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Does democracy reduce the HIV epidemic? Evidence from Kenya

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  • Antoine Marsaudon

    (PSE - Paris School of Economics - ENPC - École des Ponts ParisTech - ENS Paris - École normale supérieure - Paris - PSL - Université Paris sciences et lettres - UP1 - Université Paris 1 Panthéon-Sorbonne - CNRS - Centre National de la Recherche Scientifique - EHESS - École des hautes études en sciences sociales - INRAE - Institut National de Recherche pour l’Agriculture, l’Alimentation et l’Environnement, PJSE - Paris Jourdan Sciences Economiques - UP1 - Université Paris 1 Panthéon-Sorbonne - ENS Paris - École normale supérieure - Paris - PSL - Université Paris sciences et lettres - EHESS - École des hautes études en sciences sociales - ENPC - École des Ponts ParisTech - CNRS - Centre National de la Recherche Scientifique - INRAE - Institut National de Recherche pour l’Agriculture, l’Alimentation et l’Environnement)

  • Josselin Thuilliez

    (CES - Centre d'économie de la Sorbonne - UP1 - Université Paris 1 Panthéon-Sorbonne - CNRS - Centre National de la Recherche Scientifique)

Abstract

Does democracy help Kenyan citizens to struggle against the HIV epidemic? Yet, very little attention has been devoted to establish whether political regimes react differently to the HIV infection. Using an electoral definition of democracy makes a contribution in understanding which aspects of political rules matter to manage the disease. Using a difference-in-difference design that draws upon pre-existing variations in HIV intensity and cohort's exposure to democracy, we find that a person living under democracy is less likely to have a HIV infection. Further, we present some evidence of ethnic favoritism and gender disparities during periods of non-democracy.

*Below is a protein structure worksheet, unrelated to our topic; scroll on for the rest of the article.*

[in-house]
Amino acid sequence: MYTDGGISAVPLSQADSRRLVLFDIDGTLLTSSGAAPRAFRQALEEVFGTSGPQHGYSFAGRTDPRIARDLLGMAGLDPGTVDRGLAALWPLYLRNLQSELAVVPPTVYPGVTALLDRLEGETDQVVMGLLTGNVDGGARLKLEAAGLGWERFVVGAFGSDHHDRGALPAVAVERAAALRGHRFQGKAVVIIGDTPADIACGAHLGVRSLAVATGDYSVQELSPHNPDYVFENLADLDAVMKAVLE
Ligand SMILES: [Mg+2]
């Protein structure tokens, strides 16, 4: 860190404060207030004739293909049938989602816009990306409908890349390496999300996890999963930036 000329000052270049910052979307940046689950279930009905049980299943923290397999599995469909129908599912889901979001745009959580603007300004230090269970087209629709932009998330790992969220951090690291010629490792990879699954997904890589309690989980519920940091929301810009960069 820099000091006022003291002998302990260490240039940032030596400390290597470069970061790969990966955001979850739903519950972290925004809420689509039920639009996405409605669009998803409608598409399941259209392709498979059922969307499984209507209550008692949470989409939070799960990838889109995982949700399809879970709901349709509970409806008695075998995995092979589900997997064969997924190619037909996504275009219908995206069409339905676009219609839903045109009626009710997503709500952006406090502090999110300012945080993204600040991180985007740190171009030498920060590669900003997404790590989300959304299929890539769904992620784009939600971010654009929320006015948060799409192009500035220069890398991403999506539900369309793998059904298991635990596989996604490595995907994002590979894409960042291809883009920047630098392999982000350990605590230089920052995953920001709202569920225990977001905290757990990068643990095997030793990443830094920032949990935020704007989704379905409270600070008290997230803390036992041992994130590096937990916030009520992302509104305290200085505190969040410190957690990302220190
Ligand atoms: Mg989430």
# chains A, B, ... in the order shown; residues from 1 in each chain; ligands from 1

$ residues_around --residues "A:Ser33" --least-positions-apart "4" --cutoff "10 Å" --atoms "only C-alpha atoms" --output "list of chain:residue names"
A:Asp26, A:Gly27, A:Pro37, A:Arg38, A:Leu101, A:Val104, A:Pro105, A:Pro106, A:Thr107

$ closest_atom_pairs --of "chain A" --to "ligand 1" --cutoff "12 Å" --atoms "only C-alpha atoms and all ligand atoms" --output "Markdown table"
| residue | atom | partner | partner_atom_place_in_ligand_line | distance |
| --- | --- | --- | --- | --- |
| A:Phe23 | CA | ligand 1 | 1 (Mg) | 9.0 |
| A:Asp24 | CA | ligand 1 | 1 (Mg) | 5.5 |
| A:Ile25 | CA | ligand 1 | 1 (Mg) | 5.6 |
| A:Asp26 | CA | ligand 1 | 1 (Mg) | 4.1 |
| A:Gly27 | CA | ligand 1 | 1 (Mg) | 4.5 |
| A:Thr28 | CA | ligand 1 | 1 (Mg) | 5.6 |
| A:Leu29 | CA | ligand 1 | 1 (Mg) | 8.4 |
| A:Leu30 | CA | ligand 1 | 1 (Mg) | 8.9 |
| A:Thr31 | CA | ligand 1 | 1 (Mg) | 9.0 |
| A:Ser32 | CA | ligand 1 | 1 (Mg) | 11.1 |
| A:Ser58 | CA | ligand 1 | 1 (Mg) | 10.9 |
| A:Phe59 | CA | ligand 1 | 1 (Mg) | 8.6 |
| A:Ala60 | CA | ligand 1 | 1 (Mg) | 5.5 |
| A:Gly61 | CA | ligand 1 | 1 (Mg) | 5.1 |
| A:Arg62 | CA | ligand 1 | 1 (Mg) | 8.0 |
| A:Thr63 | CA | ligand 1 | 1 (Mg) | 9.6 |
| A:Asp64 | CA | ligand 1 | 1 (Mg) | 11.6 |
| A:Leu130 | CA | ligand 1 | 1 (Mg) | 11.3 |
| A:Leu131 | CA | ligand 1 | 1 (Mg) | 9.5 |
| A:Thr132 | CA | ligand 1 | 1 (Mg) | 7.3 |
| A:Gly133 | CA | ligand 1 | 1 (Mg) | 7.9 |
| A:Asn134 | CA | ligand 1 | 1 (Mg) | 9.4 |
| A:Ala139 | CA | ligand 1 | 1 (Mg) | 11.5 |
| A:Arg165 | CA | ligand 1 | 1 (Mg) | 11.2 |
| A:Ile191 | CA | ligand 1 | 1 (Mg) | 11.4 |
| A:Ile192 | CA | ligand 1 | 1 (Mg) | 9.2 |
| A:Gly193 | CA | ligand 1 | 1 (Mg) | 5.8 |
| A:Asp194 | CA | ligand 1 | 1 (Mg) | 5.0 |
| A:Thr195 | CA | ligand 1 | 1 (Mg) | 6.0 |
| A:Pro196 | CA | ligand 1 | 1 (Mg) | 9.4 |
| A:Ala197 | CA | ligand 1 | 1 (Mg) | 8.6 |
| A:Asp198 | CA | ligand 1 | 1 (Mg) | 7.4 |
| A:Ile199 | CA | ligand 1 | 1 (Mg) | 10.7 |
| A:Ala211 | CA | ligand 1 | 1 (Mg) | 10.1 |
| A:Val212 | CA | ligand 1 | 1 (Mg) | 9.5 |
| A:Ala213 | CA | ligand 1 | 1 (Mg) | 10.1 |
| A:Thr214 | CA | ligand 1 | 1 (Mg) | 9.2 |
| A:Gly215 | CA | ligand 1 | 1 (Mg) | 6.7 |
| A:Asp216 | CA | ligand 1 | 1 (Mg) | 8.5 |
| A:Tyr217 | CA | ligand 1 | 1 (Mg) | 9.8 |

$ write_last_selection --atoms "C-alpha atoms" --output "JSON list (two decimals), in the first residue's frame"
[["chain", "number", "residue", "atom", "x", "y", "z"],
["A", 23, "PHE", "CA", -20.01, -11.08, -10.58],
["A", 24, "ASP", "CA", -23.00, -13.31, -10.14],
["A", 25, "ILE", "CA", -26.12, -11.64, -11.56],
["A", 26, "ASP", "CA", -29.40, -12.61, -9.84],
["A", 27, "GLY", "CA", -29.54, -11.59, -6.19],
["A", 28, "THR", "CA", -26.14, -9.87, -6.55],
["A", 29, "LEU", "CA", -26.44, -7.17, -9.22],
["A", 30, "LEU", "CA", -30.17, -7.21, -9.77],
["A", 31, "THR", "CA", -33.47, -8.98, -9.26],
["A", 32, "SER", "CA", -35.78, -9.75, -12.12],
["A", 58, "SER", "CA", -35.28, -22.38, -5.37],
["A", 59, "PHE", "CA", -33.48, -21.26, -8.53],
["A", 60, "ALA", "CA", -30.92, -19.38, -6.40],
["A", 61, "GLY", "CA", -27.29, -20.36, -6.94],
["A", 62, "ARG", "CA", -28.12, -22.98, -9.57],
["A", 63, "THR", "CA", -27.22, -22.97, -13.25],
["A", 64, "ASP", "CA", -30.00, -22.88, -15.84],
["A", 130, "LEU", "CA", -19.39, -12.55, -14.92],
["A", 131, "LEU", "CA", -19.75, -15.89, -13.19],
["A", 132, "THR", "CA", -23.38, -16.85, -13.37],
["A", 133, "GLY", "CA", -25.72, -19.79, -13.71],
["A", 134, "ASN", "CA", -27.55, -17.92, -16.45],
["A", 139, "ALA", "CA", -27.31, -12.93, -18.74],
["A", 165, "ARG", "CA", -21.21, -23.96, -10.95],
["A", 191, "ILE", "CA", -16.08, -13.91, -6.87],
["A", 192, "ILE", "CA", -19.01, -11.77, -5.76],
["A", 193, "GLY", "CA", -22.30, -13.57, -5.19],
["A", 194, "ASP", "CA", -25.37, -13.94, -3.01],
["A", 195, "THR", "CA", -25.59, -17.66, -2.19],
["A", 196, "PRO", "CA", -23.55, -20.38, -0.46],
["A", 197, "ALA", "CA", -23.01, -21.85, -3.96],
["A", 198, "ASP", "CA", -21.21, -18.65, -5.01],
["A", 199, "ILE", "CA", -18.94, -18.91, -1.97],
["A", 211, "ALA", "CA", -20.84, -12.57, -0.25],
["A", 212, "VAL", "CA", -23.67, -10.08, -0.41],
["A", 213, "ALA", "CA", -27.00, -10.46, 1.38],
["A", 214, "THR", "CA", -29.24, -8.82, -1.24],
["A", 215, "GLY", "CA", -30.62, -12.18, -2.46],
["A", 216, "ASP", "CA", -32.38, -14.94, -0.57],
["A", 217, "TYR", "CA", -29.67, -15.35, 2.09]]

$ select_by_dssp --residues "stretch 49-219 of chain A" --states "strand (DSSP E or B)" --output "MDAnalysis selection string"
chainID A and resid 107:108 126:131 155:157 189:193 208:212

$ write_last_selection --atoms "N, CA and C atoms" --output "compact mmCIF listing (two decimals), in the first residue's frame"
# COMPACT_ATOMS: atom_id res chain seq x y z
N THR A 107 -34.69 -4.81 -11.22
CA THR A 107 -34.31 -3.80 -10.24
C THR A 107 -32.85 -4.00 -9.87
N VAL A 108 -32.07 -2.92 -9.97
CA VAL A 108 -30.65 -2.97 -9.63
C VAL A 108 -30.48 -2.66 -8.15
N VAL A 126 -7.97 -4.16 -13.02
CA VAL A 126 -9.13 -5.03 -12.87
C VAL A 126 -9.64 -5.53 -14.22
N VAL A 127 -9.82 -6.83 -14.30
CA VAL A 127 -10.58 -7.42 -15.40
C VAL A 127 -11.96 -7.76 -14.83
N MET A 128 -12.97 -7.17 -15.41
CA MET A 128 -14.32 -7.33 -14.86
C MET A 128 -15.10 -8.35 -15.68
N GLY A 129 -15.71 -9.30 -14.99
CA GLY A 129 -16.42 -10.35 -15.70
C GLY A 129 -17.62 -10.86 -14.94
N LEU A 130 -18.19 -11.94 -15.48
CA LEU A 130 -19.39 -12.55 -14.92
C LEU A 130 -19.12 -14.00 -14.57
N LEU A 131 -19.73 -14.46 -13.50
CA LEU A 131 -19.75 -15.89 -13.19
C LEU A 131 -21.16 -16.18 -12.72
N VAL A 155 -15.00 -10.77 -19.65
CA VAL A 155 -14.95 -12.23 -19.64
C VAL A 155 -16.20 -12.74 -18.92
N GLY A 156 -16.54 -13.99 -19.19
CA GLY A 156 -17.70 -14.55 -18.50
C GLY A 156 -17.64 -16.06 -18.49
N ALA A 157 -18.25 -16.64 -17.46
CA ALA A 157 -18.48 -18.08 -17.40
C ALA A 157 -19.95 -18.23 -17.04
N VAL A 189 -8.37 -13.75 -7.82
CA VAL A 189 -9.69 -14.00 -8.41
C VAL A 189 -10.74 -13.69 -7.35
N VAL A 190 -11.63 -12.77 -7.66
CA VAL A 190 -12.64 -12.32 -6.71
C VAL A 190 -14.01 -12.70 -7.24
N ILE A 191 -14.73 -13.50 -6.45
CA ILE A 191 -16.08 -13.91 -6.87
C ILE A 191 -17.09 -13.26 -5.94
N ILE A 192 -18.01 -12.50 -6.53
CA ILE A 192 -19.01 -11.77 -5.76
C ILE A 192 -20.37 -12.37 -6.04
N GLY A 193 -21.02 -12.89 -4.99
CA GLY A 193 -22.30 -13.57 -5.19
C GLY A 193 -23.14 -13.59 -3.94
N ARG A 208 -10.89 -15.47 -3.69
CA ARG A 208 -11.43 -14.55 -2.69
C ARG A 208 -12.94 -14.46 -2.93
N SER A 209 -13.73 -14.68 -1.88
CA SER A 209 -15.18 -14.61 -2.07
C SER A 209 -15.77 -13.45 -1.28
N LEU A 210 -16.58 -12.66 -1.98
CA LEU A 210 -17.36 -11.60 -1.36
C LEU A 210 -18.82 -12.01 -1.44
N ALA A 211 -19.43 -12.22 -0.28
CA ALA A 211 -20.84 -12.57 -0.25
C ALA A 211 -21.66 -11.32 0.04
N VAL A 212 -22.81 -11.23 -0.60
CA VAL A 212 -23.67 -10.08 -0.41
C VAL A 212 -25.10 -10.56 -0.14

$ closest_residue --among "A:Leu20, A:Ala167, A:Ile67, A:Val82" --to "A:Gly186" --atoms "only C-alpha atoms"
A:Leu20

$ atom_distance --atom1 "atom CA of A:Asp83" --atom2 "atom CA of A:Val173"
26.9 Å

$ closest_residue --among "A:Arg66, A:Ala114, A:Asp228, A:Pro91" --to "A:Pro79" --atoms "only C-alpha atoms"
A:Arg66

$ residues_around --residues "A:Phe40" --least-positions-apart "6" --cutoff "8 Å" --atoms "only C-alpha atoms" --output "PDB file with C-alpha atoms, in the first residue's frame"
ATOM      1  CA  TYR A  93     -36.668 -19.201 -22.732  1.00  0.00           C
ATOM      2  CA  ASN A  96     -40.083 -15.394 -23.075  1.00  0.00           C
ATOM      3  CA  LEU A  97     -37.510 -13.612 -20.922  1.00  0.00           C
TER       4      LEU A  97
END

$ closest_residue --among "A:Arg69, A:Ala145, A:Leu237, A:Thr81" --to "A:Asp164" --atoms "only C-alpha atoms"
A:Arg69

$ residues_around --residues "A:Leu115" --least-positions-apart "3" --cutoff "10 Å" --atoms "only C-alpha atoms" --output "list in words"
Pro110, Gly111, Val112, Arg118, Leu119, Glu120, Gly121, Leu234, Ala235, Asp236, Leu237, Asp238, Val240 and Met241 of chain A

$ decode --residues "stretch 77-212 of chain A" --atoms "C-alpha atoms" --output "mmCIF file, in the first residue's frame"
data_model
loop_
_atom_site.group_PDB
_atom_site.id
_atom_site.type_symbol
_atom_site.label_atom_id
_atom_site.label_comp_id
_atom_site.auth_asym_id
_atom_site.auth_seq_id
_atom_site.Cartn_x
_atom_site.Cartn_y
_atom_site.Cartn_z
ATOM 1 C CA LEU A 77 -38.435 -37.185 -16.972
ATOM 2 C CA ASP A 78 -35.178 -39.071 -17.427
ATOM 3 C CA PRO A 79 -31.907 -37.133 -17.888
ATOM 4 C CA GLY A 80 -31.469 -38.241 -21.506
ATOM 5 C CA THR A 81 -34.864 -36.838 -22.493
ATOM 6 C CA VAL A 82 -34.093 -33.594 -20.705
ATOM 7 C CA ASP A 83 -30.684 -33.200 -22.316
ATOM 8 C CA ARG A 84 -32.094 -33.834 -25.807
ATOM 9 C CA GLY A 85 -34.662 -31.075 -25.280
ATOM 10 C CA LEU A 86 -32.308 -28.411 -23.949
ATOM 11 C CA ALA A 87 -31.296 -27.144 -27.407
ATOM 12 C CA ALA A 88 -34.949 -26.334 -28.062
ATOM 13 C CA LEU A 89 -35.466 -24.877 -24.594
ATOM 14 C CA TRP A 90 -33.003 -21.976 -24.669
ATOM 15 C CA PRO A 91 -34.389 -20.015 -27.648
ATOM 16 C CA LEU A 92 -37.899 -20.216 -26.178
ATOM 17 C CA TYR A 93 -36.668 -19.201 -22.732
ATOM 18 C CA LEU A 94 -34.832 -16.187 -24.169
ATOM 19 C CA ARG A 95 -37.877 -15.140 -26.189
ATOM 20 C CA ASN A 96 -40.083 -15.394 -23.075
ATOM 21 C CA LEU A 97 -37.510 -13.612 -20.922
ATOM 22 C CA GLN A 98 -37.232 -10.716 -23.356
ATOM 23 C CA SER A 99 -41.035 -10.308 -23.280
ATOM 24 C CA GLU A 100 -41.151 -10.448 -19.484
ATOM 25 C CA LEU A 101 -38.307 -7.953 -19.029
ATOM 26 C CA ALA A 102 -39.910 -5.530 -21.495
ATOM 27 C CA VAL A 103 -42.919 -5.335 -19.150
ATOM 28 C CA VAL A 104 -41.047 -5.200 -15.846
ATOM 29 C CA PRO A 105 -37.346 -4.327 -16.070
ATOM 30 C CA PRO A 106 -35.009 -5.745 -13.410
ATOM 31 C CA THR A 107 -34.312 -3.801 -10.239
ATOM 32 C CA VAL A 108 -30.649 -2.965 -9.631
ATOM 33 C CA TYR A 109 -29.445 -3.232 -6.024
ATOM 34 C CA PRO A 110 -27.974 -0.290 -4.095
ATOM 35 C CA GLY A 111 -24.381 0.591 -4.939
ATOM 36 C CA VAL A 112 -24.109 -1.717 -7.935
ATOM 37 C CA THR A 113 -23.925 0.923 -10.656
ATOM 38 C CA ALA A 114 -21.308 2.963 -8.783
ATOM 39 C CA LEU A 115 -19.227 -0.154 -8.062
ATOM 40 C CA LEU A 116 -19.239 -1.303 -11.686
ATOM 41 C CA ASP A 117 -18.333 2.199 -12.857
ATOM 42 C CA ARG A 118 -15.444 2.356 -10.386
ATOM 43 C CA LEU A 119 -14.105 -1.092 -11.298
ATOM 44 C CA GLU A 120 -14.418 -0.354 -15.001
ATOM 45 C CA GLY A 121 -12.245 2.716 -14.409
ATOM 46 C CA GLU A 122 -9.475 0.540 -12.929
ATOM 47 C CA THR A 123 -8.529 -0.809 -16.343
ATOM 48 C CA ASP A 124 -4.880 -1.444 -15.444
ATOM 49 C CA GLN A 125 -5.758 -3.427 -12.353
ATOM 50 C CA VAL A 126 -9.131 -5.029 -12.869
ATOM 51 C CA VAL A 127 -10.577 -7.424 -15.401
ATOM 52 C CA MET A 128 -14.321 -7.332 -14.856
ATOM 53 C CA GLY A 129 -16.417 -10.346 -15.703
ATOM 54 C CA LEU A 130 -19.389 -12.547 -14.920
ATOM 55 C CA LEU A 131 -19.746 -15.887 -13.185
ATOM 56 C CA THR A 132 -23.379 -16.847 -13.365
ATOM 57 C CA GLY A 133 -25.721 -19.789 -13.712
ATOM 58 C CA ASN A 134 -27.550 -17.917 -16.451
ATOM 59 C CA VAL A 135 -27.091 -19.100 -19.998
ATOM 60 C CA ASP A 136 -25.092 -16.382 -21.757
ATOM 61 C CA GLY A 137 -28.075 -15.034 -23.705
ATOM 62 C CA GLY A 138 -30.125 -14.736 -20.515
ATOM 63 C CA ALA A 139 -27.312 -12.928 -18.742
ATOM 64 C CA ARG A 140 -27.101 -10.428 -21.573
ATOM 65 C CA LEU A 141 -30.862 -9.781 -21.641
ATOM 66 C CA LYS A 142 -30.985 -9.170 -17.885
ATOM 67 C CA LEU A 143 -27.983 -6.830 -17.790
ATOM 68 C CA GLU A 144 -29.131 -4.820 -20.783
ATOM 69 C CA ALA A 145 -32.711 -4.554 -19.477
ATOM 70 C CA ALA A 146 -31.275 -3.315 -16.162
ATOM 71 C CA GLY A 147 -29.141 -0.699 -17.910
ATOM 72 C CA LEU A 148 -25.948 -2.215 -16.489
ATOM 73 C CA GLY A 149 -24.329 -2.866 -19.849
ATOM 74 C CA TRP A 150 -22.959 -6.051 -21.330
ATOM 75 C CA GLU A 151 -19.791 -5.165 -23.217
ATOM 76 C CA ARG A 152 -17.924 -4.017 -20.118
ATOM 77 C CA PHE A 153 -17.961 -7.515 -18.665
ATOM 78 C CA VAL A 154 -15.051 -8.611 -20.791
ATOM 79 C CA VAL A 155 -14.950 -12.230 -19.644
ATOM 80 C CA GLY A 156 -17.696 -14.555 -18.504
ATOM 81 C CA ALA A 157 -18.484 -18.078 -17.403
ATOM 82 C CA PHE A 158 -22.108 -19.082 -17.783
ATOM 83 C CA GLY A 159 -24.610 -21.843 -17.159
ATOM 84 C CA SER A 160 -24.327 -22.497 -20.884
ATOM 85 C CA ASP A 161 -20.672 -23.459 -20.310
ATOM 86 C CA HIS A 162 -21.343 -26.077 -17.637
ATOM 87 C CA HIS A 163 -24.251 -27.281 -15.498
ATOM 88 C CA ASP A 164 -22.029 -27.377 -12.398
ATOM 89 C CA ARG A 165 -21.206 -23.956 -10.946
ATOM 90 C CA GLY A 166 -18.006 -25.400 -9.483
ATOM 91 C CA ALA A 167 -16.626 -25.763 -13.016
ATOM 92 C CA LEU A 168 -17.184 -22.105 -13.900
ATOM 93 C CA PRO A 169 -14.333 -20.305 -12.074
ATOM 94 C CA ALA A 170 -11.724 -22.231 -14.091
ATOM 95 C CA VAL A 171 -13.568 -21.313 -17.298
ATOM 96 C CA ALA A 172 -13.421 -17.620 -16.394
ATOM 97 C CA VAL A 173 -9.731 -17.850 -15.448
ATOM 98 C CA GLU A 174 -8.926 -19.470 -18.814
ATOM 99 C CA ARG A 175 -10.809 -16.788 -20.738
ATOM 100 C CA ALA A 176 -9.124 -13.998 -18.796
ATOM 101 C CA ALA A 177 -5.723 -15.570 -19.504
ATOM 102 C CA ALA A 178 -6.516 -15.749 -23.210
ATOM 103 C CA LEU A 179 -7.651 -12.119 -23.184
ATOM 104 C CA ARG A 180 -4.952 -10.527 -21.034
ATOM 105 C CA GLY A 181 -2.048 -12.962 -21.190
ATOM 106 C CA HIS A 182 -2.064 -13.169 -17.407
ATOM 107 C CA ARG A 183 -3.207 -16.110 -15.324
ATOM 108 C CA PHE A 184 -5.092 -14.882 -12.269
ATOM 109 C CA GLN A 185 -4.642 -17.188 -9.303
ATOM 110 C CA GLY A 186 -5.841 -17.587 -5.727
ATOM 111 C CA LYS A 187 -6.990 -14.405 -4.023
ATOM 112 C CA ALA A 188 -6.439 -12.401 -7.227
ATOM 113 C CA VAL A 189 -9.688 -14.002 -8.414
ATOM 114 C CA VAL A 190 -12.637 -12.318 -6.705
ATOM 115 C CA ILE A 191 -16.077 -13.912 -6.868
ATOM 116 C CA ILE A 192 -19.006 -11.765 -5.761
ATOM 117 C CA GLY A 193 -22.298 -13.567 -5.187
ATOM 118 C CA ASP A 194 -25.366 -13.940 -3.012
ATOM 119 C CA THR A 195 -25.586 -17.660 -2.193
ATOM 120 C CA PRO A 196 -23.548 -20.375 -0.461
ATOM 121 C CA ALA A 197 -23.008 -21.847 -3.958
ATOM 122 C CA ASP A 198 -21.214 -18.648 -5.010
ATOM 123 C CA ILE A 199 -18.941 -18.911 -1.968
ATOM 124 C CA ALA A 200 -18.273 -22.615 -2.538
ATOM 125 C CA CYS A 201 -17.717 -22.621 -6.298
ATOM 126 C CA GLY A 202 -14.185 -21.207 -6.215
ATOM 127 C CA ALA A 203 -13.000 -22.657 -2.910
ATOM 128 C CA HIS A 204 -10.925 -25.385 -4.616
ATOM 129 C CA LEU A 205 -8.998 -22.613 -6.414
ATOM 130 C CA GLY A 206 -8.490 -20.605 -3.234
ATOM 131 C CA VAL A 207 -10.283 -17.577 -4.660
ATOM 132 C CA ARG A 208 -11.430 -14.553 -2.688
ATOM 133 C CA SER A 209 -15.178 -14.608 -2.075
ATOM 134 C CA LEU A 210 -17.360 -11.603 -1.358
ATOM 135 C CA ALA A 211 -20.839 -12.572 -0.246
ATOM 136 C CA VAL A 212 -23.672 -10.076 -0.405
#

Suggested Citation

  • Antoine Marsaudon & Josselin Thuilliez, 2016. "Does democracy reduce the HIV epidemic? Evidence from Kenya," Working Papers halshs-01400833, HAL.
  • Handle: RePEc:hal:wpaper:halshs-01400833
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    References listed on IDEAS

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    More about this item

    Keywords

    Institution; Democracy; HIV; Health; Kenya;
    All these keywords.

    JEL classification:

    • I15 - Health, Education, and Welfare - - Health - - - Health and Economic Development
    • I18 - Health, Education, and Welfare - - Health - - - Government Policy; Regulation; Public Health
    • O15 - Economic Development, Innovation, Technological Change, and Growth - - Economic Development - - - Economic Development: Human Resources; Human Development; Income Distribution; Migration
    • O38 - Economic Development, Innovation, Technological Change, and Growth - - Innovation; Research and Development; Technological Change; Intellectual Property Rights - - - Government Policy
    • P51 - Economic Systems - - Comparative Economic Systems - - - Comparative Analysis of Economic Systems

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